Crossing the Seine on a sunny Saturday in February, I almost expect to hear inebriated strains of ‘Do You Hear the People Sing?’ float over the water from the next bridge along; so raucous and Les Miserables-esque is the procession making its way towards the Latin Quarter. The wind beats a rhythm through the French flags held aloft by the crowd, and blows breaths of tear gas over the water into the stinging eyes of locals as they attempt to relax on the riverbanks. Past me on either side, uniformed and armed gendarmes in sunglasses head towards the fray in pairs, truncheons poised and shields at the ready. I slide into a bookshop to avoid the movie montage of fighting about to erupt (think ‘crash’, ‘bang’ and ‘wallop’ flashing in comic book font above a scrabbling cloud of upended legs) and slink home to my apartment. As I walk, I consider how the phenomenon of the Gilets Jaunes has affected my experience in Paris. So much for the ‘City of Love’, I grumble.
The Gilets Jaunes have been active in France since well before my arrival here in January, with ranks growing since October 2018. Though the protesting began in earnest as a response to rising fuel taxes, they are now a manifestation of the disillusionment, frustration and detachment felt with regard to the Macron administration. Their process for expressing their feelings shows the French in their element. Public remonstration and open, frank objection is their most tried and tested method for provoking change: ‘Gather the people, call them to arms, bring them in line!’ as clamoured in Les Misérables, seems as fitting 187 years on from the uprising by which it was inspired. It is pure, boiling passion, and for that I have the utmost respect – though when mixed with copious amounts of alcohol, stirred up by screams and chanting, and whipped into a frenzy by police retaliation, it appears to become a recipe for disaster.
The effect of the protests on the public is clear; one only need look at the ash-encrusted windows of ‘Le Fouquet’, the restaurant burned down during a particularly violent riot in March. On Saturdays, when the Gilets Jaunes take to the Champs Elysées in a garish flood of singing yellow, metro stations close indefinitely along the famous street. Red and black were the emblems of their forefathers, but ‘the blood of angry men’ and ‘the dark of ages past’ have been replaced by something a little more eye-catching and less sombre – hi-vis armour, for a working class army. Confused tourists are bundled away to nearby boulevards, sidestepping the army of highlighters advancing upon the Place de la Concorde. Shops board up their windows with cardboard and newspaper to protect against smashed windows. No one appears immune to the chaos caused by the increasingly boisterous manifestations, nor the ever more brutal responses of the police. Yet, despite this awareness and obvious disruption, no one seems to know quite whether these alleged blights upon the City of Lights have had any effect on the administration towards which they are aimed.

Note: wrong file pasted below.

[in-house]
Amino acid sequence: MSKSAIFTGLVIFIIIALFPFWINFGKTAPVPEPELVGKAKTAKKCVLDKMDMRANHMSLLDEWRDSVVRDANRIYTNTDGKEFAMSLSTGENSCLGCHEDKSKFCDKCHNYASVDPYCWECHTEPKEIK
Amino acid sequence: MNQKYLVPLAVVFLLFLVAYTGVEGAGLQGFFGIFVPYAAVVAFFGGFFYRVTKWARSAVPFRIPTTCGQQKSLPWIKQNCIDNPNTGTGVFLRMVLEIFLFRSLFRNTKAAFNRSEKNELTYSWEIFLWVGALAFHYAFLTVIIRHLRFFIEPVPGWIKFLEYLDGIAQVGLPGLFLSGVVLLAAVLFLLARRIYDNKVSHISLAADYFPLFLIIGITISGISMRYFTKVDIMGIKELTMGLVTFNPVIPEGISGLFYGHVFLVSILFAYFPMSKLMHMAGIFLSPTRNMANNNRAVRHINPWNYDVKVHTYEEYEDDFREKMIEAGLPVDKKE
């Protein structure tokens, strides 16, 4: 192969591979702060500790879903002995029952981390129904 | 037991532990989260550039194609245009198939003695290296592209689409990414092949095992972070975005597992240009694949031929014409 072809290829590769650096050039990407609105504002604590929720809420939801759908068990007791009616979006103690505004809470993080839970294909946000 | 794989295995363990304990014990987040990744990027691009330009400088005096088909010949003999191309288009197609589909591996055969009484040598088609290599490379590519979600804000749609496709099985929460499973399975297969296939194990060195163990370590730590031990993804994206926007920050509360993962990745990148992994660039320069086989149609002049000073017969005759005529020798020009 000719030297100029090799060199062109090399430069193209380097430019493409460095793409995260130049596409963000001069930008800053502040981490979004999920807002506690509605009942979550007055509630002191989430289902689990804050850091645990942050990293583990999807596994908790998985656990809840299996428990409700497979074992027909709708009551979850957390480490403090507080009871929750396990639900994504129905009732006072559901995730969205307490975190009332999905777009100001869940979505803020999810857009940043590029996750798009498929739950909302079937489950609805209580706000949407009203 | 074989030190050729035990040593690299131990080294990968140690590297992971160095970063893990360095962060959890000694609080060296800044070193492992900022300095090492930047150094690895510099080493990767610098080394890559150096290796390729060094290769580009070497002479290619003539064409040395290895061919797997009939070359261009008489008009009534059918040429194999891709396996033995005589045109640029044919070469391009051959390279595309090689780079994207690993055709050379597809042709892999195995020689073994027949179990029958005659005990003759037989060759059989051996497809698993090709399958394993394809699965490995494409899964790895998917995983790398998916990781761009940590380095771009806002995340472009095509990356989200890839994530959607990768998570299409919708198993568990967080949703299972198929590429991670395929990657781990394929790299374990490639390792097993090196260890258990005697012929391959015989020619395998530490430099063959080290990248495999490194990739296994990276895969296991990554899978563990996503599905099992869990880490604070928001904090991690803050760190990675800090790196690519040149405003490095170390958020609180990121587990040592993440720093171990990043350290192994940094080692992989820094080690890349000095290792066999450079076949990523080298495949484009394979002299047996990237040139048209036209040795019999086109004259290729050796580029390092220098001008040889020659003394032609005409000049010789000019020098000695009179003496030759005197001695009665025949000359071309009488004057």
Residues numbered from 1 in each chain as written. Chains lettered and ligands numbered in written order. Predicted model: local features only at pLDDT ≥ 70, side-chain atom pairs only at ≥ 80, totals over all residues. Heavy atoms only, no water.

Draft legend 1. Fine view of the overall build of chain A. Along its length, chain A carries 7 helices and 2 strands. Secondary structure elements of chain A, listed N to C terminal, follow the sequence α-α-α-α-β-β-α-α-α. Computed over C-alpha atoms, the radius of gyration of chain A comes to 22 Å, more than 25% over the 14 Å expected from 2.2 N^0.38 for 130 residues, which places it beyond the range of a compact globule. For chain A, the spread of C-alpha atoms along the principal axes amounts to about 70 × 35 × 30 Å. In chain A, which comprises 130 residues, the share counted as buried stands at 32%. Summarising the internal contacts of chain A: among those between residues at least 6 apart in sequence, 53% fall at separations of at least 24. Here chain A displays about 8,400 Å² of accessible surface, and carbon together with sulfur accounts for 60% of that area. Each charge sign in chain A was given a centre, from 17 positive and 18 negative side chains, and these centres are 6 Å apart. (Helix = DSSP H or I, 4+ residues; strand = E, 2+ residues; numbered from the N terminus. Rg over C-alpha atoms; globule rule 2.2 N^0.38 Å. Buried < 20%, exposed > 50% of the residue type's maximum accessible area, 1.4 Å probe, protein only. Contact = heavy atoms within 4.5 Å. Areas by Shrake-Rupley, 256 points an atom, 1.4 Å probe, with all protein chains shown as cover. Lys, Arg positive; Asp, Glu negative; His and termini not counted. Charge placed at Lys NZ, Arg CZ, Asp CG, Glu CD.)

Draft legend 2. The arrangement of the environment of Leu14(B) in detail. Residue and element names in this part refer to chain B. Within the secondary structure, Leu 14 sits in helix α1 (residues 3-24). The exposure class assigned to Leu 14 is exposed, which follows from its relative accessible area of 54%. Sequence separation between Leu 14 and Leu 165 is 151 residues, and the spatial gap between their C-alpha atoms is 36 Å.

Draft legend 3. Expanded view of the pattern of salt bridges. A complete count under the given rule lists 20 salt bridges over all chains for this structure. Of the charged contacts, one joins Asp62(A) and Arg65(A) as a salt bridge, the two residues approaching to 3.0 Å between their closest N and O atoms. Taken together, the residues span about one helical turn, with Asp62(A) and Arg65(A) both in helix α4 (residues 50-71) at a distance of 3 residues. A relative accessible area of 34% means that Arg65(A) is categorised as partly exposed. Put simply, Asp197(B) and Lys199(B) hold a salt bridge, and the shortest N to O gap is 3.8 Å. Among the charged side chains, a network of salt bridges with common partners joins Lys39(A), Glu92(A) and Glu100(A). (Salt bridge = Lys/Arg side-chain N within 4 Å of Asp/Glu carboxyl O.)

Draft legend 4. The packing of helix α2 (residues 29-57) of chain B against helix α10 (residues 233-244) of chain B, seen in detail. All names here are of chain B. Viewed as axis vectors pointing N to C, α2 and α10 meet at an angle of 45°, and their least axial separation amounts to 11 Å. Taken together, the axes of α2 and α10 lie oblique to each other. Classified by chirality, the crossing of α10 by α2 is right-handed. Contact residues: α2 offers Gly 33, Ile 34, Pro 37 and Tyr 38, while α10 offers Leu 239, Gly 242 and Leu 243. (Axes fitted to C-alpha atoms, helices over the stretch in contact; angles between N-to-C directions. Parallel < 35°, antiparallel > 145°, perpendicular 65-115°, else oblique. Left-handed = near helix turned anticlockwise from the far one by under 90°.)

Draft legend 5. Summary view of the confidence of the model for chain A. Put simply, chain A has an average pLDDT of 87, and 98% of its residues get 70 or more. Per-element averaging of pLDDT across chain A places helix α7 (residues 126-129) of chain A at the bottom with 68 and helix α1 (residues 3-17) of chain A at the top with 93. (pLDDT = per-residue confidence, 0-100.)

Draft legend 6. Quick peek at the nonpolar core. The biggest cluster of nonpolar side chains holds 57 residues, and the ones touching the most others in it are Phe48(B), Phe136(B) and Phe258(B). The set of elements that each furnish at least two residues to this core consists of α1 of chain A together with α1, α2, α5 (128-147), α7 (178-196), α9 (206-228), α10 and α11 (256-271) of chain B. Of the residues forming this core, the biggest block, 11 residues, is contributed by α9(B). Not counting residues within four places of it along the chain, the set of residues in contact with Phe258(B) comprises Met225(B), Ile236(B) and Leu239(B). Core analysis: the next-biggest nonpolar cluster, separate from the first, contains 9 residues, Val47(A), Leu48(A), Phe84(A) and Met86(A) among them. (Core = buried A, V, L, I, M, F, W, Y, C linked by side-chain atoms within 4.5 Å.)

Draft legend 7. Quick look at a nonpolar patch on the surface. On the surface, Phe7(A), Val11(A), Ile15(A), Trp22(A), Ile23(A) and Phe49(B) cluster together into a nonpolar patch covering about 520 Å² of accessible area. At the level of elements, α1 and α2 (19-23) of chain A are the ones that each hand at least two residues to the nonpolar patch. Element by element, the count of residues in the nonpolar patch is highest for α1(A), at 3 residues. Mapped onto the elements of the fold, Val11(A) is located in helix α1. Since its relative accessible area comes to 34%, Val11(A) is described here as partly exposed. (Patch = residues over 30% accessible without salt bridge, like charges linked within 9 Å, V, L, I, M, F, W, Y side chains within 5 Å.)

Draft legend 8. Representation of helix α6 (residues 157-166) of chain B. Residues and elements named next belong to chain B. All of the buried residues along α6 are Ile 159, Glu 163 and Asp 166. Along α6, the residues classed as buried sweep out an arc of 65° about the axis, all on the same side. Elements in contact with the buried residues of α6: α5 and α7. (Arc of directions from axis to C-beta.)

In late April of this year, President Macron announced a swerve in his political approach, vowing to become more ‘humane’ in his attitude and bringing in 5 billion euros worth of tax cuts for lower income earners. If the desired effect of this attempt was to dissuade the protesters, it does not yet seem to have diluted their anger. The demonstrations continue – business owners still wake on Sunday mornings in fear of arriving at their livelihood to find it vandalised, tourists who arguably uphold a portion of Parisian economy take convoluted routes around the centre to avoid the riots, or end up confused and swept up in a sea of canary yellow. Standing in the Place de la Bastille, where the demonstrators often gather, it is easy for the eye to skip back in time to the 5th June, 1832, when the leaders of Paris Uprising diverted the funeral of a French general to the very same square in order to commence their remonstrations. They may be wearing different colours, but their resentment of those in control of their lives rings similarly, as they swing around the same pillars, fly the same flags, and both call for change.
It does not help the cause of the Gilets Jaunes that much of their cause’s reputation has been tarnished by allegations of antisemitism. Key French philosopher, Alain Finkielkraut, was verbally abused by protesters as he walked past a group, and counter protests have even occurred against the original rioters. This can only detract from their original cause.
The Gilets Jaunes represent an important part of modern French society. They are the everyman, the builder, the plumber, the resident of lesser-known and more authentic areas of France than those inhabited by Macron and his cohorts. Their distaste with the current state of French politics is neither unfounded nor unreasonable, and their right to express these views is integral to the progression and improvement France must go through in order to continue to develop in a positive way. It was Victor Hugo himself who said, through the mouthpiece of Les Misérables, ‘if you wish to understand what Revolution is, call it Progress’. Yet progress is a shapeshifter, sometimes glorious and sometimes ruthless, and I find it such a shame that a core, historic and inherently French form of free expression has been contaminated by violence and racism. The Gilets Jaunes, as they grow drunker, sloppier and less focused upon their real aims, become an annoying sibling to Parisian locals, whining and shouting without ever really being heard. We can hear the people sing, and it is certainly a song of angry men; but is anyone paying attention anymore?
Last modified: 13th January 2020